Reference to the property settlement agreement clearly indicates to us that the parties thereto were attempting to effect a complete adjustment of their property and the benefits thereof were to be accepted in full satisfaction of support, maintenance or alimony. From an examination of the agreement herein we are satisfied that, although the periodic payments were labeled ‘for support and maintenance’ both in the agreement and concededly in the interlocutory decree, the provision for them was an integral part of a property settlement agreement and it would be contrary to the clearly expressed intention of the parties to hold that the provision for monthly payment for a specified time constituted a separable agreement for the payment of alimony, maintenance or support. What we have herein enunciated finds support in the cases of Dexter v. Dexter, 42 Cal.2d 36, 41, 42, 265 P.2d 873; Fox v. Fox, 42 Cal.2d 49, 52, 53, 265 P.2d 881: Taliaferro v. Taliaferro, supra; Lane v. Bradley, supra; Harnden v. Harnden, supra; Rosson v. Crellin, supra; Landres v. Rosasco, supra.

Defendant's contention that the payments here under consideration must be deemed to be alimony because designated as being for ‘support and maintenance’ in the property settlement agreement and in a document filed by the parties in the divorce proceeding entitled ‘Stipulation in Re Alimony, etc.’ is unavailing for the reason stated in Fox v. Fox, supra, 42 Cal.2d at page 53, 265 P.2d at page 883, ‘The labels adopted by the parties are not conclusive, since the agreement must be considered as a whole.’

Equally unavailing is defendant executor's contention that because the interlocutory judgment made no reference to the property settlement agreement that the payments of the husband must be considered as solely alimony and that such obligation terminated with his death. It is manifest from the record that the provisions for payments by the husband in the interlocutory judgment of divorce were adopted from and based upon the agreement of the parties. The provision for payment to the wife of $300 per month on the first day of each month until July 1, 1956, is the same in the decree and in the agreement except for the date upon which payments were to commence. In the agreement, executed July 25, 1953, such payments were to begin on August 1, 1953. In the judgment such payments are ordered to commence on October 1, 1953, a time subsequent to the date the decree was granted on August 21, 1953. Obviously, it was only proper for the decree to order payments to start in the future. We therefore conclude that the trial court was justified by substantial evidence in finding that the obligation of the husband to make periodic payments to his divorced wife for her support and maintenance was an integral and inseparable part of the property settlement agreement here in question, does not come within the purview of the limitations imposed by Civil Code, Section 139, and was not therefore terminated by the death of the husband or plaintiff's remarriage.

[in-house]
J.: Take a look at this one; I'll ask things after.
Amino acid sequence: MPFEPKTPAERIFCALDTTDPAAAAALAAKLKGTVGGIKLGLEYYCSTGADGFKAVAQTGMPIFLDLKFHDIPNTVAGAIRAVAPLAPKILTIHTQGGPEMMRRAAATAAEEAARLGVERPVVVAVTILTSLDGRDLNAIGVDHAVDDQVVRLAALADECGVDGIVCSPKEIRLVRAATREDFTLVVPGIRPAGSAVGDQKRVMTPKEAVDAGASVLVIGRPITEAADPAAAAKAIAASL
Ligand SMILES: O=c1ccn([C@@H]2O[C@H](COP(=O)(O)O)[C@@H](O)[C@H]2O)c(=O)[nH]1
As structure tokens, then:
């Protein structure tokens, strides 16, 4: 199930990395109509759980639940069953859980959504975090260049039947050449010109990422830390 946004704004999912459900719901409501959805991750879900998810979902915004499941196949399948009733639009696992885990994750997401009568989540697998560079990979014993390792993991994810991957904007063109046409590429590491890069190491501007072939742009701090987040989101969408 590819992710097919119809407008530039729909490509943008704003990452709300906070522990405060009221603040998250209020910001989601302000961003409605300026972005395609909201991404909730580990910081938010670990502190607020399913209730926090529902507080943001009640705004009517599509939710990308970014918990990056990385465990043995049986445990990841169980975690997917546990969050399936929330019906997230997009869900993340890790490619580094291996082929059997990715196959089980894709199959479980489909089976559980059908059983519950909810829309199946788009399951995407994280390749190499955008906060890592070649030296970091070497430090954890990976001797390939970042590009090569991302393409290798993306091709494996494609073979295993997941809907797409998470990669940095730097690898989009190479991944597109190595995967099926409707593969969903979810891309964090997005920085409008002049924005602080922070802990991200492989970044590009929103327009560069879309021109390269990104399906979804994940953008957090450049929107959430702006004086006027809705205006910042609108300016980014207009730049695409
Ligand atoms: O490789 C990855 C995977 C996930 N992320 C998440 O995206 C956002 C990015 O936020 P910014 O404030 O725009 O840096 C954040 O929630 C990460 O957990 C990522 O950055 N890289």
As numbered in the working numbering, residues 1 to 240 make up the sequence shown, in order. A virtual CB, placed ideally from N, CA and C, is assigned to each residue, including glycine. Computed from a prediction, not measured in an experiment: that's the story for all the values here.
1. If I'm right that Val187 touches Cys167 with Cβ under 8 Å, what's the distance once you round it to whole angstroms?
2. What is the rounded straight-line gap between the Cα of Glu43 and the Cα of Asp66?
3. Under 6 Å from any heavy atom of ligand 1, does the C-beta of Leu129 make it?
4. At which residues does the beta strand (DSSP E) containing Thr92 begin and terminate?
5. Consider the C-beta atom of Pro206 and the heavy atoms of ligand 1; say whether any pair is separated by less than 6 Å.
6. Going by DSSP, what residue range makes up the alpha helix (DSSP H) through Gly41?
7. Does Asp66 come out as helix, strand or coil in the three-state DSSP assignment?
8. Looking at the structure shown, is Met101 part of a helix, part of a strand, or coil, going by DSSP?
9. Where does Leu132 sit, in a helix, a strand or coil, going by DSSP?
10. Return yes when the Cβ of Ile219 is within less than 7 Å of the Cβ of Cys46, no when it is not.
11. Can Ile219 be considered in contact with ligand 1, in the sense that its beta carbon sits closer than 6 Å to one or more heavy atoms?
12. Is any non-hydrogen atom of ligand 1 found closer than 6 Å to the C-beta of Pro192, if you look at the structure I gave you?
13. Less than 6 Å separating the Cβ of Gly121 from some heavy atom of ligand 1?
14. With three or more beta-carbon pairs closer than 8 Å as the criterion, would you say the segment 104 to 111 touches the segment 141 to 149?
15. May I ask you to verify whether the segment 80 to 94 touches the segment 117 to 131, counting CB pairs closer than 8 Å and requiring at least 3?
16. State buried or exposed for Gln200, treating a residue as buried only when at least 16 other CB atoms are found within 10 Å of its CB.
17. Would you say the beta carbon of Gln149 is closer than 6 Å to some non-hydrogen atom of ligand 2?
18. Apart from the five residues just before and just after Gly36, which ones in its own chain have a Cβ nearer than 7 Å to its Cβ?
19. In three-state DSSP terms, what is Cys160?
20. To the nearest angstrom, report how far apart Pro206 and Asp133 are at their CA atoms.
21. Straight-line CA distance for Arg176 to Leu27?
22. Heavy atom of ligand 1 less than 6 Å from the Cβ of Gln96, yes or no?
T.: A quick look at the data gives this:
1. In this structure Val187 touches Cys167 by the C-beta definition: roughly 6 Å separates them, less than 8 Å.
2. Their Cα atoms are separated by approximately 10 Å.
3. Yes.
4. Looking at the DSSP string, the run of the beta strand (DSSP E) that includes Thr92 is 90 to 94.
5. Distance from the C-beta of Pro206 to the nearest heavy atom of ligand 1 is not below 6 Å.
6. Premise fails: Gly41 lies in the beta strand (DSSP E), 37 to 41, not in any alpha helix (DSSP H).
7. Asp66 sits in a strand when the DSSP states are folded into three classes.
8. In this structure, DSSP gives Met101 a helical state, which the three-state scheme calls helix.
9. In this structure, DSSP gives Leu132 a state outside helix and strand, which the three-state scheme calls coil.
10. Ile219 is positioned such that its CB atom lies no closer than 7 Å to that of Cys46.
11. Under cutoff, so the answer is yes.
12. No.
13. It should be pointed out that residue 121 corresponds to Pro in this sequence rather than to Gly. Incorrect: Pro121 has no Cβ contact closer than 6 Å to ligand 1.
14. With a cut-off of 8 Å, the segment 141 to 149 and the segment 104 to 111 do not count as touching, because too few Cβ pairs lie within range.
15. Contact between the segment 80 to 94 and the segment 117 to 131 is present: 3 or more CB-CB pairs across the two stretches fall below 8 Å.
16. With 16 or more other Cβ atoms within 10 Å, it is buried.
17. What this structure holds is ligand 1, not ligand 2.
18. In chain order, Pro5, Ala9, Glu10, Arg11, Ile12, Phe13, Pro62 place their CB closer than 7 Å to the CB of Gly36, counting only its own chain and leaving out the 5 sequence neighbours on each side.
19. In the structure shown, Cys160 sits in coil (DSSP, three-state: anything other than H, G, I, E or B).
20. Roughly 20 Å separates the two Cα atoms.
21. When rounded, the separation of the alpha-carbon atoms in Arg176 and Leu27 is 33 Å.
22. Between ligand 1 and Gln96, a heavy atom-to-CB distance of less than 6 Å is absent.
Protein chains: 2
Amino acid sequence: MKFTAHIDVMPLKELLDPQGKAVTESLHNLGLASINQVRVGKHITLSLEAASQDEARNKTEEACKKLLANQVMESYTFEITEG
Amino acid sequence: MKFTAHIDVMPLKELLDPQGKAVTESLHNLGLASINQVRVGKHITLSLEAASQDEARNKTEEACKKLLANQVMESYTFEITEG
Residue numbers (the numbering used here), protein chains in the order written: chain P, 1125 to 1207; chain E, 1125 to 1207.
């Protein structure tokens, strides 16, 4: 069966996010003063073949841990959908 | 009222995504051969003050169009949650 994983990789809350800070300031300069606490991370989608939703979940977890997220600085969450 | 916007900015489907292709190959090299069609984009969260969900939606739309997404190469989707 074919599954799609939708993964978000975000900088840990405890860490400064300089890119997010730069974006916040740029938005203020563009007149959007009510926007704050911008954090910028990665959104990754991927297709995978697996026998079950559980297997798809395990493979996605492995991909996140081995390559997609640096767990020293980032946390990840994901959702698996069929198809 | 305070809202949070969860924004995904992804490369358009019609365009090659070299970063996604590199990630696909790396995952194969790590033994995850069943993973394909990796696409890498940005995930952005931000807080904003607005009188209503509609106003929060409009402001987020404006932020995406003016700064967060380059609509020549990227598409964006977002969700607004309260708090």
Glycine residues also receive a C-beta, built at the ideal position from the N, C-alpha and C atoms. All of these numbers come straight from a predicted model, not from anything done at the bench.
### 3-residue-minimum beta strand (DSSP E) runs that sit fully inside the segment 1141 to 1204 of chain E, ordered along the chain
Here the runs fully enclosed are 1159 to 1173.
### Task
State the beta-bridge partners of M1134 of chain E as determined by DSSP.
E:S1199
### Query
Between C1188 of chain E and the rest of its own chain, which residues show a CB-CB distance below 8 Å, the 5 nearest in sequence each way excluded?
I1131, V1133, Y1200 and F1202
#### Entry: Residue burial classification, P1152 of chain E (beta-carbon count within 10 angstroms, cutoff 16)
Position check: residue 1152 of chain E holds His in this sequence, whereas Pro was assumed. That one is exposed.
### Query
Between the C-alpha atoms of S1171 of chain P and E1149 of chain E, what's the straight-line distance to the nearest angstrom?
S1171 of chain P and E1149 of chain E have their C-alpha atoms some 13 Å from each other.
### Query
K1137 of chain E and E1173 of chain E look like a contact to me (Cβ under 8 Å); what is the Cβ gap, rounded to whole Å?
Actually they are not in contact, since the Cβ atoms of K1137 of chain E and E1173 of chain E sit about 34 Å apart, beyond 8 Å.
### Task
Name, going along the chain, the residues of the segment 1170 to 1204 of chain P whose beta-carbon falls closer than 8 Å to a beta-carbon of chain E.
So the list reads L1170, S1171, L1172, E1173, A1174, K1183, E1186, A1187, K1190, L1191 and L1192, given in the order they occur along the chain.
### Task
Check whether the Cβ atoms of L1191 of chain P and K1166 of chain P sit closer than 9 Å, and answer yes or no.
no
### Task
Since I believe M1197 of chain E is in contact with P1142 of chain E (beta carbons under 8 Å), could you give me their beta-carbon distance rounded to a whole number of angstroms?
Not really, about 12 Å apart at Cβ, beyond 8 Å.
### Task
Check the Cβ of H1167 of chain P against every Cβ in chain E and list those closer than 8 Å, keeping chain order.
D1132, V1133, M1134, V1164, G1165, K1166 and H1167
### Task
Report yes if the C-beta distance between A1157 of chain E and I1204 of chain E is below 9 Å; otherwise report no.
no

We now come to a consideration of the appeal of plaintiff Ruth M. Hilton from that portion of the judgment which failed to provide for interest on the sums due her thereunder.

It is plaintiff's contention that where a rejected creditor's claim has been subsequently adjudged to be valid, interest is properly allowable from the date of the presentation of the claim.

Defendant executor on the contrary asserts that a claim against a decedent's estate, whether allowed by the personal representative or established by judgment of the court after rejection, bears interest at the legal rate only from date of order for payment.

We are in accord with the contention of defendant executor. While it is true that some of the earlier cases relied upon by plaintiff hold that she would be entitled to interest from the time of presentation of her demand to defendant executor, Pico v. Stevens, 18 Cal. 376, 378; In re Kennedy's Estate, 94 Cal. 22, 23, 29 P. 412; White v. Deering, 38 Cal.App. 516, 518, 179 P. 401, we are convinced that the cited cases do not furnish authority for her contention in view of statutory changes in the Probate Code with reference to the prior prevailing rule allowing interest on claims against decedents' estate.

In the case of Estate of Girard, 110 Cal.App.2d 203, 204–203, 242 P.2d 669, 670, the court reviews some of the earlier cases in which it was held that an ‘allowed claim’ bears interest ‘from the date of the allowance’, and calls attention to the fact that since the amendment of Section 713 of the Probate Code, such allowed claim is subject to contest by any person in interest and therefore, concludes that an allowed claim does not bear interest from the date of allowance. That until an order of court is made directing the executor or administrator to pay a claim, it is simply an acknowledged debt of the estate, bearing interest at the contract rate. In the instant case, where the claim is not based upon a contract for the payment of interest, we are satisfied that it is only after the judgment was rendered herein directing defendant executor to pay plaintiff's claim, that such claim would bear interest at the statutory rate.

The judgment is affirmed. In the interests of justice it is ordered that each party bear his respective costs on appeal. Rule 26(a), Rules on Appeal.

WHITE, Presiding Justice.

DORAN and FOURT, JJ., concur.